Phone:

Website:

Videos:

Notes:

  • Don’t worry if you cannot get Vietnamese dong from your local bank back home. You can get your dong at the bank in Vietnam. (DO NOT get money at the airport. You will never get a good rate. Use an ATM/bank.) Don’t get too much; no one will buy it back from you. Many hotels, fancy restaurants, and tour agents will take US dollars or Euros. Though who knows what exchange rate they will use? You will need dong for taxis, small shops, and local restaurants and vendors.
  • When you get to Hanoi or Ho Chi Minh pick up a map of the area from any hotel, hostel, travel agency, or tourist information center. Once you have one of those you’ll be able to find anything.
  • Having a map of the area in Hanoi is very important. Every block has a different street name so once you know the name of street something is on you can easily find it with a map.
  • Wherever you choose to stay, make sure you bring a picture and the address of the hotel. One common trick that taxi and motorbike-taxi drivers like to pull is to take you to the wrong hotel. When you say, “I asked for ABC Hotel!” They will tell you that the name changed. They usually get a commission for bringing tourist to certain hotels.
    • Sometimes hotels do change names. But most likely a hotel will not change names between the time of your booking accommodations and your arrival without telling you.
    • Also, asking the average Joe on the street for ABC hotel will do nothing. Locals don’t stay in hotels, so they don’t remember hotel names. But Mr. Joe will know where 123 Hanoi St. is.
  • Also for taxis, NEVER agree to a flat rate fee. The flat rate fee will always be way higher than it should be. Always demand that the cab driver use the meter. If he doesn’t want to use his meter, get out. Taxi drivers are a dime a dozen. This is true in most countries.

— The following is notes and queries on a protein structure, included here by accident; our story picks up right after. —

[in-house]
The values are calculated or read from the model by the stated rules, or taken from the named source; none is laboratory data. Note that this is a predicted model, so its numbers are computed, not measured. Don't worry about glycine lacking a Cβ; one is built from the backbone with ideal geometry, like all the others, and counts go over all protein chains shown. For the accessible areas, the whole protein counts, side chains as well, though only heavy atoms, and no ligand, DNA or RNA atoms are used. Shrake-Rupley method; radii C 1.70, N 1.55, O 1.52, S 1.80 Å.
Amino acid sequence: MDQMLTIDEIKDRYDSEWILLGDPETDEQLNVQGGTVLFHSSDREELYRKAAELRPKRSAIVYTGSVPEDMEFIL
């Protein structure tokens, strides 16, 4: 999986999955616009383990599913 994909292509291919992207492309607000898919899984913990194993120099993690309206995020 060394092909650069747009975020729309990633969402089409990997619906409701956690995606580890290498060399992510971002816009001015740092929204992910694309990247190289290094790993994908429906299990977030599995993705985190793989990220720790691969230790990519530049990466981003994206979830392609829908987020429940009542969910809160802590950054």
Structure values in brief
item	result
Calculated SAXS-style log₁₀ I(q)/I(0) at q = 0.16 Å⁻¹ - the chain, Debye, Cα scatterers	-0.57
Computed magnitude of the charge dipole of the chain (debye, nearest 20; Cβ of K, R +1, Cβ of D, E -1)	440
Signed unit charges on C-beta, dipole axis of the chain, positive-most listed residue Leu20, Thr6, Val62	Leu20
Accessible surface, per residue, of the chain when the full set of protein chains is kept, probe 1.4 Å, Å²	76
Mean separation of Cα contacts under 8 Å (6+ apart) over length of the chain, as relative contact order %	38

• For motorbike taxis, settle on the cost of the ride before getting on. Ask fellow travelers for advice on how much a ride should cost.
  • Watch out for cyclo drivers that claim not to have change as a way to get more money out of you. If you need to, wait for one of those fruit vendors to come along and buy something from her to make change. You really should ask the cost to your destination and make sure you have exact change before you get in the cyclo. 
  • It’s best not to say anything bad about Ho Chi Minh while in Vietnam. He is still very much loved by his people.
  • There are companies that charge 10USD to take you from Hanoi to the airport. They are all around Hanoi. Use one of those instead of jumping into a random cab.

Mui Ne

How to get there:

  • Coordinates 10.939414, 108.292279
  • Mui Ne has no bus or train station. So here are your options.
    • Train:
      • Take the train to Phan Thiet Railway Station.
      • Then take the red #9 bus to Mui Ne. (frequency ~20 min. Ride ~30 min.)
      • The train station is the last stop, so jump on any red #9 you see.
    • Bus:
      • There are sleeper buses and tour buses that will deliver you close to your hotel in Mui Ne.

Websites:

Notes:

  • Depending on where you go, the beach might be hard to get to. Sometimes you have to walk around several resorts to find an alleyway to the beach.